Canon® EOS 5D Mark IV Fast Start


Canon® EOS 5D Mark IV Fast Start


Lesson Info

Live View Shooting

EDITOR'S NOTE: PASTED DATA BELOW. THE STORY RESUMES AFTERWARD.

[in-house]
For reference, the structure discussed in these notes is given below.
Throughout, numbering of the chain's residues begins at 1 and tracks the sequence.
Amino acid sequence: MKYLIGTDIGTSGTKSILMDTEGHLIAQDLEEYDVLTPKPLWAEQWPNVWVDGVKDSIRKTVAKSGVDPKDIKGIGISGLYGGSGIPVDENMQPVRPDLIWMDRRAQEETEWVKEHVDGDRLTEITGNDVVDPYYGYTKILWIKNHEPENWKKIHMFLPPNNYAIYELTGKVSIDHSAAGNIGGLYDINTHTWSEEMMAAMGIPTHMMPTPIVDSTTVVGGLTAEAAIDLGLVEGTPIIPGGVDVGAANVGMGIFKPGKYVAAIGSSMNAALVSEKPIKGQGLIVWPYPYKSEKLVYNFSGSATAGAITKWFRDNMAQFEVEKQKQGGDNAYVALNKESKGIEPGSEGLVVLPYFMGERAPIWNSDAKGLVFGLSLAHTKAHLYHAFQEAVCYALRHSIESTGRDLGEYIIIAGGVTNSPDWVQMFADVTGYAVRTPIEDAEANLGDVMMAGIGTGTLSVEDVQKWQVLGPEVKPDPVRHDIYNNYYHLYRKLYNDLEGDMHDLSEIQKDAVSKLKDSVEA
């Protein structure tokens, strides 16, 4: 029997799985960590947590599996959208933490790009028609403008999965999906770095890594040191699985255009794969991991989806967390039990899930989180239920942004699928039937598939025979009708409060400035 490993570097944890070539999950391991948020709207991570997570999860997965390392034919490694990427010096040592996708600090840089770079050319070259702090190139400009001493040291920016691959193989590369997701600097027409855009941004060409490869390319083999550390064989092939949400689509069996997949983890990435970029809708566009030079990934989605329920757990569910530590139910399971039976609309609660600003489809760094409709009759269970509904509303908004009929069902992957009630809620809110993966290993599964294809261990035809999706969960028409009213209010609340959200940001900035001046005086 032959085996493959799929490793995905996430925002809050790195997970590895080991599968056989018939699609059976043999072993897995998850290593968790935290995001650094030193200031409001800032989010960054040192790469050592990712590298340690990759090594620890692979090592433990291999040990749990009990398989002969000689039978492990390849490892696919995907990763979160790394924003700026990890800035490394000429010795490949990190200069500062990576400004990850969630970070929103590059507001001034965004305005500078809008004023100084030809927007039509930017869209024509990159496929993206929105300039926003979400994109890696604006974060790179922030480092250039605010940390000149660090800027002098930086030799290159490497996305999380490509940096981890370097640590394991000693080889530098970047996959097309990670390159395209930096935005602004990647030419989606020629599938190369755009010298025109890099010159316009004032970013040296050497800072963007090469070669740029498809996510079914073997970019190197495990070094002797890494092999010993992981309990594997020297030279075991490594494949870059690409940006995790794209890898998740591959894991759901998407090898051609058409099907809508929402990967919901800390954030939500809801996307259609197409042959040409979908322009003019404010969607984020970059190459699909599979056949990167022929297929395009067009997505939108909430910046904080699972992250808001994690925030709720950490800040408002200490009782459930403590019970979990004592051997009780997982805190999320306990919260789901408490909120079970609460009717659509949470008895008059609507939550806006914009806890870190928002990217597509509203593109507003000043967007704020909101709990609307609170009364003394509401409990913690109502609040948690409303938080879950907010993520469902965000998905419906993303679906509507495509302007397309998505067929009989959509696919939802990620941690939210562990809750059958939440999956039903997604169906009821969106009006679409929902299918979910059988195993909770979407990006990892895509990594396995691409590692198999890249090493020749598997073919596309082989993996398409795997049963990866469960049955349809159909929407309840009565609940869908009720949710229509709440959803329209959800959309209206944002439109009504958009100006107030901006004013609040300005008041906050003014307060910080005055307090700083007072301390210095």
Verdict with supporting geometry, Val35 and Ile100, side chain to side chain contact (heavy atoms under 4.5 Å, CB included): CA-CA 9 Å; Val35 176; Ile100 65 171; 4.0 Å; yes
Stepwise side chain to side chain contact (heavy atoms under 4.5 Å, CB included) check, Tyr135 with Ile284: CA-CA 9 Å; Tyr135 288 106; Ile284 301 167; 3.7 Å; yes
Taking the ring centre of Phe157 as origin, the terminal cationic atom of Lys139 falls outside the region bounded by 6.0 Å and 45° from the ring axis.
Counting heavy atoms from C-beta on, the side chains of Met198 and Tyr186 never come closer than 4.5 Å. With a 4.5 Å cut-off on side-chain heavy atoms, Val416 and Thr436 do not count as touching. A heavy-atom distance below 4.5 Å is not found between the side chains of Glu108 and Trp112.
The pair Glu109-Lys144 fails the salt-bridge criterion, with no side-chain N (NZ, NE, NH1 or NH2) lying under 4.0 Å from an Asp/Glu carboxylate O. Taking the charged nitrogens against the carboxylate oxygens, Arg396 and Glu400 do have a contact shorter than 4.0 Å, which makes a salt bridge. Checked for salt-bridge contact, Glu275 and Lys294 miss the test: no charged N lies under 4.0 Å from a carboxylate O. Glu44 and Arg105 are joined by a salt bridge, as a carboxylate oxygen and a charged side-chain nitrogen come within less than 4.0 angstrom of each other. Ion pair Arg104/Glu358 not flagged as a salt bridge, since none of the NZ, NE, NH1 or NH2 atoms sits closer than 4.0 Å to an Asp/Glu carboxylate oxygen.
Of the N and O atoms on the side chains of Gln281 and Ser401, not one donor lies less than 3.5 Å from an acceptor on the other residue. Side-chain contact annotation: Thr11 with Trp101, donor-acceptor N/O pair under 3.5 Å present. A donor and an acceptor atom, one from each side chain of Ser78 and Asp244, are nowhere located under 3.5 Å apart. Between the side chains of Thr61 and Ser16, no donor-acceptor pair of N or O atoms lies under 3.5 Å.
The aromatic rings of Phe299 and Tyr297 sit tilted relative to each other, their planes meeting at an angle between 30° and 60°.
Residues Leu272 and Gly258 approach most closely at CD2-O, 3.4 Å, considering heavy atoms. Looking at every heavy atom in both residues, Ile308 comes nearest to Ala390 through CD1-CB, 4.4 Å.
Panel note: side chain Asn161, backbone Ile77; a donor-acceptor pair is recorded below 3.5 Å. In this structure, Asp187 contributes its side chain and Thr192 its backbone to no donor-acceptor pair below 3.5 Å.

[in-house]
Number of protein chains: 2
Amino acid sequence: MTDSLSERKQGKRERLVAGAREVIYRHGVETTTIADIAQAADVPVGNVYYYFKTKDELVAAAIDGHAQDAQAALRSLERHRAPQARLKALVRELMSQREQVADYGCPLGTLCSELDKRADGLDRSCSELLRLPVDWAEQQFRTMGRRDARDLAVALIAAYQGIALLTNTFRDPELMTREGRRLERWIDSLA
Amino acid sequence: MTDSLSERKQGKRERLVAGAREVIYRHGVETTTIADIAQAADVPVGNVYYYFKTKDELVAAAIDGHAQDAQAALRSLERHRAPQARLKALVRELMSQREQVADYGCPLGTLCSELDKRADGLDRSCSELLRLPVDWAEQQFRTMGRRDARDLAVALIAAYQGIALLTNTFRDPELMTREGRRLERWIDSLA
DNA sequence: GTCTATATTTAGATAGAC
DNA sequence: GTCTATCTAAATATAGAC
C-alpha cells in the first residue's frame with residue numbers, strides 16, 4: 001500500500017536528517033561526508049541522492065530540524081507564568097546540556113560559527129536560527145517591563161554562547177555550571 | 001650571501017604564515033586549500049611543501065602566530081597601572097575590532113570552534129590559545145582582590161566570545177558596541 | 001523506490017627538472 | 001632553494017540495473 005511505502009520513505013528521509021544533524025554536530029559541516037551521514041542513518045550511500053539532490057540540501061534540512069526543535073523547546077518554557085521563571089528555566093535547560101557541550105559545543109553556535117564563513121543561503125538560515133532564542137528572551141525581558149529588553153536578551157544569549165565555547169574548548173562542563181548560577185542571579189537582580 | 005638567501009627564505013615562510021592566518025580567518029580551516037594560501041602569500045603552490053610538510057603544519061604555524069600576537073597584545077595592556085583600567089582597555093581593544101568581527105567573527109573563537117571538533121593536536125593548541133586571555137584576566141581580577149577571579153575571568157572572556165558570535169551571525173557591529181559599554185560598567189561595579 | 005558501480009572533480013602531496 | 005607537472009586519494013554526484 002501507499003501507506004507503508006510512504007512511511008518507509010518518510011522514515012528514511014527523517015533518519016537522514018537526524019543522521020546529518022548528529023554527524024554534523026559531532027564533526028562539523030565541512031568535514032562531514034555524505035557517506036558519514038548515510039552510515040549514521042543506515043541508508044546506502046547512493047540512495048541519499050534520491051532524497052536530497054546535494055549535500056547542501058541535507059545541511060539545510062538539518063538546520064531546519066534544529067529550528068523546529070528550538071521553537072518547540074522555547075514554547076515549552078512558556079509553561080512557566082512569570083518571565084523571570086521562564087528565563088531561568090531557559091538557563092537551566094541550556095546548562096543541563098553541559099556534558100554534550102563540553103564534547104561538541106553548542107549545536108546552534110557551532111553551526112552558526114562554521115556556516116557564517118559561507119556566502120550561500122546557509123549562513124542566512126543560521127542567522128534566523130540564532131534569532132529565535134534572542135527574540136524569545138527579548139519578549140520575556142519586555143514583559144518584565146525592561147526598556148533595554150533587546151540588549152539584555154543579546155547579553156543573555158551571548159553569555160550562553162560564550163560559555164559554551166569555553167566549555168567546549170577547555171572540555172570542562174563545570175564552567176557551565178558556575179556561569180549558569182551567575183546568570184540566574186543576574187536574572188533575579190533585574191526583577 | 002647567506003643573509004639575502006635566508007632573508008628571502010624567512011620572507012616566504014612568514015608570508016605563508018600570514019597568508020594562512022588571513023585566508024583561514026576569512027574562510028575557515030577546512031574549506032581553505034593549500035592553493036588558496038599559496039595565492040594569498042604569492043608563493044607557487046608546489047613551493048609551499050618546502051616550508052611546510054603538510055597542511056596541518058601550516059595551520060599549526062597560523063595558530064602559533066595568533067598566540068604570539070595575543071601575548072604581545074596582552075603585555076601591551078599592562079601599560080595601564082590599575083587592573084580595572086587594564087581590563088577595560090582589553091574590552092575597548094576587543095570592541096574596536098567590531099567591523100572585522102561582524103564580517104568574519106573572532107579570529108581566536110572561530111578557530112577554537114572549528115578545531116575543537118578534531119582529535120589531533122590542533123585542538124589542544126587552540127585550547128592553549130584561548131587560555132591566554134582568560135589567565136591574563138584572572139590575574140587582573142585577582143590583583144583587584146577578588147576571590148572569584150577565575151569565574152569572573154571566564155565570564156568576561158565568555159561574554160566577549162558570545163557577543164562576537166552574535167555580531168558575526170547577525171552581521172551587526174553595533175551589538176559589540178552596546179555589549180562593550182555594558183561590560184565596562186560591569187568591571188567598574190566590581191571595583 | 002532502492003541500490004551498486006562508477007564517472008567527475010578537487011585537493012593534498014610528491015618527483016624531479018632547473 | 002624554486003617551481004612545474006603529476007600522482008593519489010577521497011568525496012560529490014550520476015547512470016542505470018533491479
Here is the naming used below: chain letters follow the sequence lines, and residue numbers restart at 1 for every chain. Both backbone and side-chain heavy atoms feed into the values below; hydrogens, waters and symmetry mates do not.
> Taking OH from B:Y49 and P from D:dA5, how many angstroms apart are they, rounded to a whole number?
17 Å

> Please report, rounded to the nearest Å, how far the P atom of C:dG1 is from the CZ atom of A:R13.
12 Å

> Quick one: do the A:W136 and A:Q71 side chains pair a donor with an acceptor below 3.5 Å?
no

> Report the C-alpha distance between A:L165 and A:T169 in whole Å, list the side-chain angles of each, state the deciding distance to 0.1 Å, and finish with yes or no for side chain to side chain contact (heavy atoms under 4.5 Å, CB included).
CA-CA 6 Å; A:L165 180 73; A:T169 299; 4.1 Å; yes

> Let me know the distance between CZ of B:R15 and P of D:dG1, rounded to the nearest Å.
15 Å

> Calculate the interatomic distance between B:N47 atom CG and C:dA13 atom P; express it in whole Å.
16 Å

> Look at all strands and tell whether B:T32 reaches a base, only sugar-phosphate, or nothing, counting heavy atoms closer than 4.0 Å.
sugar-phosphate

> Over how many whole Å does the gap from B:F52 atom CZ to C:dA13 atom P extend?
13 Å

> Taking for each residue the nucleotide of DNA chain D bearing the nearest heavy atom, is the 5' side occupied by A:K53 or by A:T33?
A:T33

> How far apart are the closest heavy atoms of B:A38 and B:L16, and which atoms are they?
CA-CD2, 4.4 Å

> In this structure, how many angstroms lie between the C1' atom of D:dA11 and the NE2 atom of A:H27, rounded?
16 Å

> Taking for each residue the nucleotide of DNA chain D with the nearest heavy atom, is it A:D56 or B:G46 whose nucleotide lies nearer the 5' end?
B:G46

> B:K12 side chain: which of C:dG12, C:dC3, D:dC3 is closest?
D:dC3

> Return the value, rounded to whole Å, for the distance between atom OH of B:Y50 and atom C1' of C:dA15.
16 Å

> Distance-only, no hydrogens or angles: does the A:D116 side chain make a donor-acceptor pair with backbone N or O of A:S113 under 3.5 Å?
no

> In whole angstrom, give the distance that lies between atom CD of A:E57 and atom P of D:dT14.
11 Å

Page five is going to be dealing with things dealing with live view shooting. When you hit the live view button on the back of the camera, we can disable it. Some people hit it accidentally and they never want to use it, so you could turn it off here. I think it's a very handy feature for most people to use from time to time. We talked before about the AF method. If this seems familiar, it's because when we were in live view, we could turn this on and off with our quick menu button. That would give us a menu of many of the different options and we could choose the different focusing modes. The face and subject tracking, I think is very good, but for having very precise control over what you're focusing on, I prefer that small box of focusing for basic shooting in this mode. There is a touch shutter, where you can use the screen on the back of the camera to shoot photos. Let me go ahead and do a little demo here on this. I'm gonna go ahead and turn my camera on in the live view mode and...